Monday, July 02, 2007

Substitution phrases for "Science" and "Energy"

This is a language rant, but I hope to be concise:

Two of the most consistently abused words I see are "Science" and "Energy". I propose when you encounter these words in conversation or the media just substitute the phrases below and see if it still makes sense:

Science: "Fallible individuals interacting in an evaluating community"

Energy: "The ability to do work"


Note: the science substitution was pulled from an book I recently listened to:
William James, Charles Peirce, and American Pragmatism by James Campbell

Note: The energy substitution was suggested in the podcast quoted below:


Energy is a measurement of some thing's ability to perform work. Given this context, when spiritualists talk about your body's energy fields, they're really saying nothing that's even remotely meaningful. Yet this kind of talk has become so pervasive in our society that the vast majority of Americans accept that energy exists as a self-contained force, floating around in glowing clouds, and can be commanded by spiritualist adepts to do just about anything.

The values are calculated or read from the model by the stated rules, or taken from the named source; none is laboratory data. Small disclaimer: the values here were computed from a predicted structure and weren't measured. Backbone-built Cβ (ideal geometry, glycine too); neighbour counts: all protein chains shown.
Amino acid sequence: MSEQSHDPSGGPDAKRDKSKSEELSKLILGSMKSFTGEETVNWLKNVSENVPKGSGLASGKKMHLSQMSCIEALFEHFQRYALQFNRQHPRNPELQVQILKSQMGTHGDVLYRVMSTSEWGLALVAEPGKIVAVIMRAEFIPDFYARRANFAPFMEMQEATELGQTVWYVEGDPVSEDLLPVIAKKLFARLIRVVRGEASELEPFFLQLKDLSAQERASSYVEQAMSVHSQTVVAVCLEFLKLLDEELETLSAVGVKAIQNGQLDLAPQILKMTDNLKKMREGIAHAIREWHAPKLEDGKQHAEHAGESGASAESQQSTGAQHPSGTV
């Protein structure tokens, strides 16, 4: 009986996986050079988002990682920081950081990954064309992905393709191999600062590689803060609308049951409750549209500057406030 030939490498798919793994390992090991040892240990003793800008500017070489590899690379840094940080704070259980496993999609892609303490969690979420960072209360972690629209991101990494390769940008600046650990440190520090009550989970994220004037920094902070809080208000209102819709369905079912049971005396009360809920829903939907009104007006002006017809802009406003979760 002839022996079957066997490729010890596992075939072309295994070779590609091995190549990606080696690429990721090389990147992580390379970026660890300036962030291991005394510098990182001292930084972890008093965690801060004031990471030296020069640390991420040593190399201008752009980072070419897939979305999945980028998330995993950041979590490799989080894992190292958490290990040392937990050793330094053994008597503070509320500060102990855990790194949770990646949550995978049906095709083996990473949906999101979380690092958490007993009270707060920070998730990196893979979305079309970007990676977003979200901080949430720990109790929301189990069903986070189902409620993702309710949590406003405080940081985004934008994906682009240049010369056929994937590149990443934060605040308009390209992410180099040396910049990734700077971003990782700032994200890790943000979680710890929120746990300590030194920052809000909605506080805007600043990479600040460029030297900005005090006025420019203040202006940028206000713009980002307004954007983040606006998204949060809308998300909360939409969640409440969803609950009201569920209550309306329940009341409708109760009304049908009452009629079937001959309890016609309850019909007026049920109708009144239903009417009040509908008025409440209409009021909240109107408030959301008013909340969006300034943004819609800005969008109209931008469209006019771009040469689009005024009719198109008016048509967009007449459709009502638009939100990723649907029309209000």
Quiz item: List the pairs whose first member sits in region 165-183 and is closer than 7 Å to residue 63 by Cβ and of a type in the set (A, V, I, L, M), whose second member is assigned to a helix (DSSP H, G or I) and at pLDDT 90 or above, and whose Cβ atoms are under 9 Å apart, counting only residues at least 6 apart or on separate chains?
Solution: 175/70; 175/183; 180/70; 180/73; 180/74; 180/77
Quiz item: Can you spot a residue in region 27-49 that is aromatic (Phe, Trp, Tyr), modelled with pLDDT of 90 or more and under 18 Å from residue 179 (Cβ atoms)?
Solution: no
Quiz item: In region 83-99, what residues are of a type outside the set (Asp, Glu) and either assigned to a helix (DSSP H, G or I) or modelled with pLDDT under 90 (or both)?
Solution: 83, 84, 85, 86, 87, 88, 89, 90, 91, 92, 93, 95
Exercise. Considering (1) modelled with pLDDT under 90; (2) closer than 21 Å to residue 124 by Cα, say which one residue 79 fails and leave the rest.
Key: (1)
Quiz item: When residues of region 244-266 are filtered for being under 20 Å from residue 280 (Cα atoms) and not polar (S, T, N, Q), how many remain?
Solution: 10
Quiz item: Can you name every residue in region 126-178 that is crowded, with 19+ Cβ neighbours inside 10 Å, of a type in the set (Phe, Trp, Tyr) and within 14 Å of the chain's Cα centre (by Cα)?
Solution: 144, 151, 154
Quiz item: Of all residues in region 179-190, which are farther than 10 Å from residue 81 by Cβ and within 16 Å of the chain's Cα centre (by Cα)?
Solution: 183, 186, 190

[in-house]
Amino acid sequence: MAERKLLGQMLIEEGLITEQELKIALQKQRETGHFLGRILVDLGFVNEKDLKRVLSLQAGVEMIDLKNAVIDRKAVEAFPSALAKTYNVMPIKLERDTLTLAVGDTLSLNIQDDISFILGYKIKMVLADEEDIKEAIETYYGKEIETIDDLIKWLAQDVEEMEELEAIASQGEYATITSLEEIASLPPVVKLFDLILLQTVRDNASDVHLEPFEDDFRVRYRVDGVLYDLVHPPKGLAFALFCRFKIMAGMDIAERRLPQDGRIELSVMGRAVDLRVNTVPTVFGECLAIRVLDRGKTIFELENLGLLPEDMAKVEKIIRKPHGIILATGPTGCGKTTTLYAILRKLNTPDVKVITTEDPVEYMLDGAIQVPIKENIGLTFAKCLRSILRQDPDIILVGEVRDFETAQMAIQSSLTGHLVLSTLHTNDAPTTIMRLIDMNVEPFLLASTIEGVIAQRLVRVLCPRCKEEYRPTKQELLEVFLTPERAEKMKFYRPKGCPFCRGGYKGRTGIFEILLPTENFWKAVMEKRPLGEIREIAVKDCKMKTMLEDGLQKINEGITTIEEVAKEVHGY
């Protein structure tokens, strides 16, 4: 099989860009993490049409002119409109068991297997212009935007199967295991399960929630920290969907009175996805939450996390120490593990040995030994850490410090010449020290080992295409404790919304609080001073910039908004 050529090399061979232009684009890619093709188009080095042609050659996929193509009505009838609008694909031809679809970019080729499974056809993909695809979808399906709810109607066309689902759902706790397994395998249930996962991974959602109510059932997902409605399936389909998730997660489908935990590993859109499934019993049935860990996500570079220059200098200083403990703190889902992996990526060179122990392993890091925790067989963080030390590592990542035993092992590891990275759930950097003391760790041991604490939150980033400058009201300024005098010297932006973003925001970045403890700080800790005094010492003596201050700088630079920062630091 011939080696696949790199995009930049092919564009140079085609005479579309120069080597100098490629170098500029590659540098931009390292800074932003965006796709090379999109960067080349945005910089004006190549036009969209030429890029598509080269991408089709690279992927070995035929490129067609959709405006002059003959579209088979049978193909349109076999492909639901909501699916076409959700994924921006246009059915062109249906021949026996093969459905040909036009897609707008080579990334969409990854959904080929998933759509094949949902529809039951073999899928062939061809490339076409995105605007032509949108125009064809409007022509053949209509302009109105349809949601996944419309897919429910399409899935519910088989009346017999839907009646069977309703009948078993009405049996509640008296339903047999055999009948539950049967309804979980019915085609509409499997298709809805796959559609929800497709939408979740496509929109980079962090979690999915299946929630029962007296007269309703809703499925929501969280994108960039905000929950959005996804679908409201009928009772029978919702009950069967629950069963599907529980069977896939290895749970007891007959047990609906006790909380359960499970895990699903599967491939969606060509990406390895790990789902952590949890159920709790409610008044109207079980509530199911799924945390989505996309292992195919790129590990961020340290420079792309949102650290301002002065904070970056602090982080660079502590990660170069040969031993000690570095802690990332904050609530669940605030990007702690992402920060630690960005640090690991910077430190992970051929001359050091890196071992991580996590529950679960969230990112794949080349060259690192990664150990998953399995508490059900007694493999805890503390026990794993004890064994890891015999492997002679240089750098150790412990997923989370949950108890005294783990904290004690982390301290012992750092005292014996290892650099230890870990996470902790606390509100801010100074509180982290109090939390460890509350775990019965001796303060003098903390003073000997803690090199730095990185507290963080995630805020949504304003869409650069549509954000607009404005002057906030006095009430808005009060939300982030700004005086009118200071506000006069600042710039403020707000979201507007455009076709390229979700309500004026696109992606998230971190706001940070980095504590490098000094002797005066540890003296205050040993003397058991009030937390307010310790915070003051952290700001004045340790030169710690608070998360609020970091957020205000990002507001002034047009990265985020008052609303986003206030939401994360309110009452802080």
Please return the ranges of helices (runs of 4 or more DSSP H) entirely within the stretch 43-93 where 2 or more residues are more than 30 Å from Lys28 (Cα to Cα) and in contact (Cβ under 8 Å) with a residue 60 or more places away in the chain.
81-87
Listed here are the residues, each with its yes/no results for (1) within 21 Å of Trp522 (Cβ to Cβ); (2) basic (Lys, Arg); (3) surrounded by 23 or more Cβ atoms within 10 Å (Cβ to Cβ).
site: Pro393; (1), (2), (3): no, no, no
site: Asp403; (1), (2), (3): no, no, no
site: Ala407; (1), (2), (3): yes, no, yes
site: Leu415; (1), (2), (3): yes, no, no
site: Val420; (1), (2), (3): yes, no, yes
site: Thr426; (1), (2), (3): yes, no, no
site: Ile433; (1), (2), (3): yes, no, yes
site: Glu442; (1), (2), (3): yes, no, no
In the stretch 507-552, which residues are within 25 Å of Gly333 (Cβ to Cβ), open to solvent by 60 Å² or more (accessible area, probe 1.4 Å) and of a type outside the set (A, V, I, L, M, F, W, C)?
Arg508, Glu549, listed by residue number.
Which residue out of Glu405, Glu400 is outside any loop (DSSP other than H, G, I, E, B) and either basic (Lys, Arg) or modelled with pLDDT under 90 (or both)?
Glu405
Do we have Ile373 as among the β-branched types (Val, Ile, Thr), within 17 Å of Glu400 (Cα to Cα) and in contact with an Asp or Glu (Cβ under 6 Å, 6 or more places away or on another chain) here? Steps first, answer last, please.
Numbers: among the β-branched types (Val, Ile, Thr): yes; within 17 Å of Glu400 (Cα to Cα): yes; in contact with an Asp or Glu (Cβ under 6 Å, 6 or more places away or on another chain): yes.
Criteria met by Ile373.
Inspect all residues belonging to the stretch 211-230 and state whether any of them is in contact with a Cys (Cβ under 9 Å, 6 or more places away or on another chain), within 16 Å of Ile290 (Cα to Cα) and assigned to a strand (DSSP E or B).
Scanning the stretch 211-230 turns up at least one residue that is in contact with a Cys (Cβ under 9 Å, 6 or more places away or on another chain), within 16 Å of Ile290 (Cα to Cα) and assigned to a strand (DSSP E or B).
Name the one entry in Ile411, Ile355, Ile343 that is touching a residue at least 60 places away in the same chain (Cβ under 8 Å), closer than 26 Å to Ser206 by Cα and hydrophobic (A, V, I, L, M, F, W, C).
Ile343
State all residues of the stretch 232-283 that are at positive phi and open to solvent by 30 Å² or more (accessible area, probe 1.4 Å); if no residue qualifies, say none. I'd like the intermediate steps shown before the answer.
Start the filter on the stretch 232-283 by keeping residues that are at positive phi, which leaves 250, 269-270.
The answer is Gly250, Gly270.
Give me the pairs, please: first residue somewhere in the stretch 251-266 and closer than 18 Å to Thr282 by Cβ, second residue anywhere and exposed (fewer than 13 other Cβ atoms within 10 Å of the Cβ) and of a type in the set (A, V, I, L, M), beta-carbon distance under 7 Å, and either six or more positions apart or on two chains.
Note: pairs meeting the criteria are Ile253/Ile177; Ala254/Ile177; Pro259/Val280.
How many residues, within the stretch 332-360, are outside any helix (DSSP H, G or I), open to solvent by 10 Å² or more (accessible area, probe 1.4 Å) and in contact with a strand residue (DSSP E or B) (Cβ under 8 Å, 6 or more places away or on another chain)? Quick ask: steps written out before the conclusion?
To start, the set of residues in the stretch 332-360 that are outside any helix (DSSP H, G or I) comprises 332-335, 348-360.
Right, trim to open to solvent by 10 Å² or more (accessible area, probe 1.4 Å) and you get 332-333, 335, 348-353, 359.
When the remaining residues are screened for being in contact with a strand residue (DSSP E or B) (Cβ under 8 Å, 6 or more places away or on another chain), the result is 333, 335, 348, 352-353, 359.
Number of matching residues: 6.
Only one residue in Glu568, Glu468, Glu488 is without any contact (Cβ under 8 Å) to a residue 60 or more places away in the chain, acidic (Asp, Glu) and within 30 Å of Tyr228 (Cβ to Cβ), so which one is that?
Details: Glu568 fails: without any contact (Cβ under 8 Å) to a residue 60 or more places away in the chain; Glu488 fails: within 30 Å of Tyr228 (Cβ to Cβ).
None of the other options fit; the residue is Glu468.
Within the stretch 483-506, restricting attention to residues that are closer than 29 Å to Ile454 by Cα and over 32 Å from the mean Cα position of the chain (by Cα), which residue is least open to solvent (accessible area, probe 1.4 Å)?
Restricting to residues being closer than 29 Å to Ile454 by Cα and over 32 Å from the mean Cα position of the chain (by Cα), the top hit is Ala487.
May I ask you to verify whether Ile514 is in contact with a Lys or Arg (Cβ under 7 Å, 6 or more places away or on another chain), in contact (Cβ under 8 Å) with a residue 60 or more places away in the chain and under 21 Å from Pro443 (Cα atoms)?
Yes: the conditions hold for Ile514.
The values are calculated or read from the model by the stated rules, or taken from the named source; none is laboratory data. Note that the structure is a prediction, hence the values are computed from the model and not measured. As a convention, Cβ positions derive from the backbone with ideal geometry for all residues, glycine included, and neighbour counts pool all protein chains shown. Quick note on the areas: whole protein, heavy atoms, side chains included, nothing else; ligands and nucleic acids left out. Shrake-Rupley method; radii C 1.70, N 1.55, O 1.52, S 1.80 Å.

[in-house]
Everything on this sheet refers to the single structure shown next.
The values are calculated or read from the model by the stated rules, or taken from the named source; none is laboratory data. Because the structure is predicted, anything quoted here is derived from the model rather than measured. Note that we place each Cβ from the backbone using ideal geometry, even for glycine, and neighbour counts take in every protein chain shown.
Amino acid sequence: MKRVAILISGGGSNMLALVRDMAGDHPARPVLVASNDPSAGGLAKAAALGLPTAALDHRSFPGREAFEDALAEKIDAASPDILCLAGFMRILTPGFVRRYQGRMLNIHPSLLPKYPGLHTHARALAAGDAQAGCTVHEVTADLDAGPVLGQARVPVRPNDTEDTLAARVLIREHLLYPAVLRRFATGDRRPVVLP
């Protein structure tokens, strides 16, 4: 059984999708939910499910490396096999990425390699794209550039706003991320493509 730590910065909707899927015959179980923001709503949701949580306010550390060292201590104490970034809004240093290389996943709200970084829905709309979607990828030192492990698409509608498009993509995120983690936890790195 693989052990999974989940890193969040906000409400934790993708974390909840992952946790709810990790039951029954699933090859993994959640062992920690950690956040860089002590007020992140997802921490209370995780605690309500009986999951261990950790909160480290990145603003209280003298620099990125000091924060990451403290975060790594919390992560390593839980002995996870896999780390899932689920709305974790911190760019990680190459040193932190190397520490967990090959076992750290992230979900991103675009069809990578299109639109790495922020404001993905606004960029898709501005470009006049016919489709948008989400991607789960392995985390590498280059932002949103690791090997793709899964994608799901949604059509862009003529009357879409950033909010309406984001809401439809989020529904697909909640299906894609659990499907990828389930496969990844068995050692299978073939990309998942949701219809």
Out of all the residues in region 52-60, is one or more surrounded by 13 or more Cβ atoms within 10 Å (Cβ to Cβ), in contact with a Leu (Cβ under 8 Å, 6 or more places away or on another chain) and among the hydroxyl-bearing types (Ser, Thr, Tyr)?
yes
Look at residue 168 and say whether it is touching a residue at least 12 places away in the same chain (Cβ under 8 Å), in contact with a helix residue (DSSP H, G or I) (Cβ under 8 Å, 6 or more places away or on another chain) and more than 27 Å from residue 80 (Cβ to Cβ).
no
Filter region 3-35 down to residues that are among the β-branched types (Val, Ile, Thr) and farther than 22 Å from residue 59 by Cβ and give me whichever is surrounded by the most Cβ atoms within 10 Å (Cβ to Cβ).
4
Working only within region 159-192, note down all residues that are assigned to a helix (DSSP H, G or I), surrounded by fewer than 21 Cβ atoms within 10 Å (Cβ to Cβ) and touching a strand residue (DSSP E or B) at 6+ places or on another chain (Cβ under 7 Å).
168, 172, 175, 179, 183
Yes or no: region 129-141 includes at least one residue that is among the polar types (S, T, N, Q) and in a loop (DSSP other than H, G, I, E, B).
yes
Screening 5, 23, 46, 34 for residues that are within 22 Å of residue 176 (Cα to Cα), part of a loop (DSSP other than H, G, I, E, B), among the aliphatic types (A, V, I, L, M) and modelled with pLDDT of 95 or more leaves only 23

The Filmer said...

So, when a hydrogen bomb explodes, it's just a lot of work getting done? And what about heat? I usually feel hot not from the ability to do work, but from having done some work. I don't think the simple 'ability to do work' is a sufficient definition of the word energy. And ball lightening is what, a concentration of work ability? And with Einstein's famous formula, are we saying that matter or material can be turned into the ability to do work? And then what, that ability to do work can be fusioned back into material?

daddy_phantom said...

Your examples are all example of "work". Just because the H-Bomb is normally used for destruction does not stop that from being work. Knocking things down is actually work.

The idea of the substitution is to help identify the misuse of the word "energy" as a some vague thing unto itself.